This paper provides the first detailed biochemical profiling and AMOS-PCR characterization of some Brucella spp. isolates from Zimbabwe. The phage sensitivity patterns of all the Brucella spp. isolates were consistent with what has been reported . However, a single isolate of B. abortus (B15) was lysed by R/C phage and this susceptibility could be indicative of the presence of phage attachment sites which are present in the non-smooth phases of brucellae . The B. melitensis (B10) also showed an atypical reaction because it was not lysed by the Iz1 phage which normally lyses smooth strains of this species. However, the examination of single colonies on microscopy by Henry illumination  showed no sign of dissociation and none of the isolates were agglutinated by the R-monospecific antiserum which is an indicator of dissociation. The agglutination reaction by monospecific antisera showed the predominance of A-specific and M-specific epitopes in our B. abortus and the B. melitensis isolate, respectively. All smooth strains of Brucella may possess either the A, M or both A and M antigenic epitopes on the O chains of the lipopolysaccharides .
Although phage typing is used primarily for identification at the nomen species level, some Brucella strains, especially B. melitensis may show deviation from the standard pattern of susceptibility to Bk2, Iz1 and Wb phages . The use of phage typing as a means of differentiating Brucella spp. has become less discriminatory as a typing tool because of the discovery of new strains with atypical sensitivity patterns .
The growth characteristics and the biochemical profiles of the field Brucella spp. isolates (Table 2) were similar to those of the reference strains used in this study. In addition, the results were consistent with what is reported for Brucella spp. and biovars [2, 3, 16]. However, the requirement for CO2 for growth was at variance with reports from literature . Although most strains of B. abortus biovars 1-4 require CO2 for primary isolation, this attribute is quickly lost on repeated subcultures and such isolates will adapt to growing in atmospheres without CO2 [3, 16].
The use of the AMOS-PCR results were consistent with those reported elsewhere . These results confirmed the identity of the Brucella spp. that was obtained using biochemical profiles. The IS711 analysis using AMOS-PCR can identify only three B. abortus biovars, 1, 2 and 4; all three biovars of B. melitensis; biovar 1 of B. suis and B. ovis, but the individual biovars within a species are not differentiated . Therefore, further DNA fingerprinting methods such as the variable number of tandem repeat analysis (VNTR)  could be used to investigate the molecular epidemiology of these Brucella isolates.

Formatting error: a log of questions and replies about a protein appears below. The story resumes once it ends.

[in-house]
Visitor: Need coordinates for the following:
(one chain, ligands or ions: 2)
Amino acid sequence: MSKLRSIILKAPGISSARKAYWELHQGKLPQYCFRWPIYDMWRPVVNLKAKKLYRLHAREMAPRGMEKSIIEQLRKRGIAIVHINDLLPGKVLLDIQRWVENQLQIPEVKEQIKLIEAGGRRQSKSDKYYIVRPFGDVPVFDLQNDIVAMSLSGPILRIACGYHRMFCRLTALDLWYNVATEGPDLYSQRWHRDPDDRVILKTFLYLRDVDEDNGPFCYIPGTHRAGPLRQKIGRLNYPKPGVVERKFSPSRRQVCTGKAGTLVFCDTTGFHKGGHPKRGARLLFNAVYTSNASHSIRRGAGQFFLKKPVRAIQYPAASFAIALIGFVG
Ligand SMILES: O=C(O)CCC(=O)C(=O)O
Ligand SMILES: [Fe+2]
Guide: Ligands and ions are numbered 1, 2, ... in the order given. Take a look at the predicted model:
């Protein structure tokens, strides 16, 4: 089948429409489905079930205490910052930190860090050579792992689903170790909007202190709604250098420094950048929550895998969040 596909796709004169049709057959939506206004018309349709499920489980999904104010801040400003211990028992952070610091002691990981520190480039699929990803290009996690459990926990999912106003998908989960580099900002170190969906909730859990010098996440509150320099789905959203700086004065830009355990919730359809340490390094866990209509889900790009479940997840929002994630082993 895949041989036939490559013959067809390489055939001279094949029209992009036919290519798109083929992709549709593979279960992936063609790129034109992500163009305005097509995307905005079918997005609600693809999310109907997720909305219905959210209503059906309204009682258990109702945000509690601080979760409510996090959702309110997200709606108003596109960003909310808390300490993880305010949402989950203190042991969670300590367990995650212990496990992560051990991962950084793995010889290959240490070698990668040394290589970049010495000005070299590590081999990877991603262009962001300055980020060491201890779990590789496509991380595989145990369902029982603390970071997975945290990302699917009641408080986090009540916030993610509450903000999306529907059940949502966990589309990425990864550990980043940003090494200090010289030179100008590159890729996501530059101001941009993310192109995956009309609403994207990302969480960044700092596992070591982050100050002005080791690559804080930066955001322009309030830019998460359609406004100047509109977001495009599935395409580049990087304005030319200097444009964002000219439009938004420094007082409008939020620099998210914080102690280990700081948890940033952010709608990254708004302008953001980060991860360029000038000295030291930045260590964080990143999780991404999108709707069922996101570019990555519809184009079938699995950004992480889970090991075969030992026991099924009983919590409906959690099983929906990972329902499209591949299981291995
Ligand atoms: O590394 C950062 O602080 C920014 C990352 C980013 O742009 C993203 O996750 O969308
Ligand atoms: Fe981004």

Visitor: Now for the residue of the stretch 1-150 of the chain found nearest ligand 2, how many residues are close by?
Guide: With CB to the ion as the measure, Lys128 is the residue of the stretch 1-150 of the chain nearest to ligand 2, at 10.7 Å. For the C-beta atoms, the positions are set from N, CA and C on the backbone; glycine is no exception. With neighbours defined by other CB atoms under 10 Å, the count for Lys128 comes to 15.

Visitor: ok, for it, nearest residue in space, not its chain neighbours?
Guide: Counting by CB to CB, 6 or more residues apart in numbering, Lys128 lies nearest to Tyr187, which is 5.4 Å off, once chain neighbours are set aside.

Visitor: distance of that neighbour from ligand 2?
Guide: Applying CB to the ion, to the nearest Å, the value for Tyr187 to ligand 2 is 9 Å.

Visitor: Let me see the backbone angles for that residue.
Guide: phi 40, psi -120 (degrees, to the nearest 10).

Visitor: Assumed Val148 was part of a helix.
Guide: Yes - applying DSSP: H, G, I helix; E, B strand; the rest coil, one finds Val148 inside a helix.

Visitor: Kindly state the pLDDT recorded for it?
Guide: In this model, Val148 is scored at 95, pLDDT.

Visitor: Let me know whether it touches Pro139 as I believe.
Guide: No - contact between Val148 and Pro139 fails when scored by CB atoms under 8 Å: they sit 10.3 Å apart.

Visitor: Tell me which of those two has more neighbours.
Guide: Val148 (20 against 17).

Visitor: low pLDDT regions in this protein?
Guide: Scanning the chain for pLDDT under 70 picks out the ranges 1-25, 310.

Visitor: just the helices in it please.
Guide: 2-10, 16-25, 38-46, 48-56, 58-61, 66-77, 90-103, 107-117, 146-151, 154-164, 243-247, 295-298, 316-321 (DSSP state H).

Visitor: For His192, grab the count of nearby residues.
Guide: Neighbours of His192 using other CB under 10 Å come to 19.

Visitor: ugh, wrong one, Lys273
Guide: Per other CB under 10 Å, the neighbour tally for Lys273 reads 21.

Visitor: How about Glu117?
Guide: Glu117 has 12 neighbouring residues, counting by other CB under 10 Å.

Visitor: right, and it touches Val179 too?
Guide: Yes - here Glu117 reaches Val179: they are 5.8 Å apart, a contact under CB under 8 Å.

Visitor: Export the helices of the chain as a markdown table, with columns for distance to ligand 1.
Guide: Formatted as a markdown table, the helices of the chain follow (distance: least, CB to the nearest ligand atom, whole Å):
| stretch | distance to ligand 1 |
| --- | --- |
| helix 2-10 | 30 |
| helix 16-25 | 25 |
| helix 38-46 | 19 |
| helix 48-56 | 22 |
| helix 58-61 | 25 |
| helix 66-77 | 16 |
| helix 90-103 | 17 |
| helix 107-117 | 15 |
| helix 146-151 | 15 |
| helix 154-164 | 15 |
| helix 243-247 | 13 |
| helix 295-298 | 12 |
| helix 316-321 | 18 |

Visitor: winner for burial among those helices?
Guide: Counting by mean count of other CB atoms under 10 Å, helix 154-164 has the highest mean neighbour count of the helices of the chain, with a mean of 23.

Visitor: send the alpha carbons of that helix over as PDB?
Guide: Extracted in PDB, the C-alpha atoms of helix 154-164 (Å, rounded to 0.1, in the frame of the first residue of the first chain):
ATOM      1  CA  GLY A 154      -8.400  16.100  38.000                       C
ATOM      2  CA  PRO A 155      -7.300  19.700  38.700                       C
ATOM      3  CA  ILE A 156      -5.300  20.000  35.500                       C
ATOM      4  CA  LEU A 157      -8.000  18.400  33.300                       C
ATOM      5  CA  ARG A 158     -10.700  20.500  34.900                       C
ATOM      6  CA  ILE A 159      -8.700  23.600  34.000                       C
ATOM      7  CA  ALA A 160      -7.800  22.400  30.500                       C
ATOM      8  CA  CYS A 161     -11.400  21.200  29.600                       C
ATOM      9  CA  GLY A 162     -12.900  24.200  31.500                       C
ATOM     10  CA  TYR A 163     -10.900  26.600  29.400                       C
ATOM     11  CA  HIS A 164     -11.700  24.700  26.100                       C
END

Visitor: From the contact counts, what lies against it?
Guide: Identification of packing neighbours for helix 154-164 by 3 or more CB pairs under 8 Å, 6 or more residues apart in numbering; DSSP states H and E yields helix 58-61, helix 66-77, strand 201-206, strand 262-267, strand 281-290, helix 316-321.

Although the B. abortus used in this study originated from five of the eight geographical provinces of Zimbabwe (Table 1), it is difficult to conclude on the spatial distribution due to the limited number of isolates used. These isolates could possibly be restricted to one or a few geographical regions of Zimbabwe from where they have spread through movement of infected cattle. A study of more isolates is required to determine the spatial distribution of B. abortus in Zimbabwe. However, the predominance of B. abortus biovar 1 over biovar 2 suggested that it is the major cause of bovine brucellosis in both commercial and smallholder cattle farms. Another study which used fewer Brucella isolates from commercial dairy farms reported similar findings . Although B. abortus biovar 2 was also detected and originating from both the commercial and smallholder cattle farms, its distribution could be limited to a few isolated areas. Elsewhere in South Africa biovar 1 had been reported to account for about 90% while biovar 2 contributed 10% of all the B. abortus isolates . South Africa, to a large extent, shares similar geographic, climatic and livestock husbandry systems with Zimbabwe. While it is difficult to explain the reasons for the distribution of these B. abortus biovars in the cattle farming sectors, this could largely be influenced by movement of infected cattle between farms. Some farms often purchase cattle from other farms for the purpose of improving the genetics of their herds  or in the case of smallholder farms, to restock their herds which are continuously lost due to infectious diseases and lack of adequate grazing, especially during the drought seasons.
Despite the relatively few isolates studied, our results suggested that B. abortus biovar 3 and indeed other biovars may be rare in Zimbabwe, but this requires further study. B. abortus biovar 3 has been infrequently reported in South Africa, East and North Africa, while there seems to be no reports of isolation of the other biovars [2, 18]. World wide, in countries where bovine brucellosis is endemic, B. abortus biovar 1 is predominant and B. abortus biovar 2 occurs less frequently while the other biovars are rare [2, 18].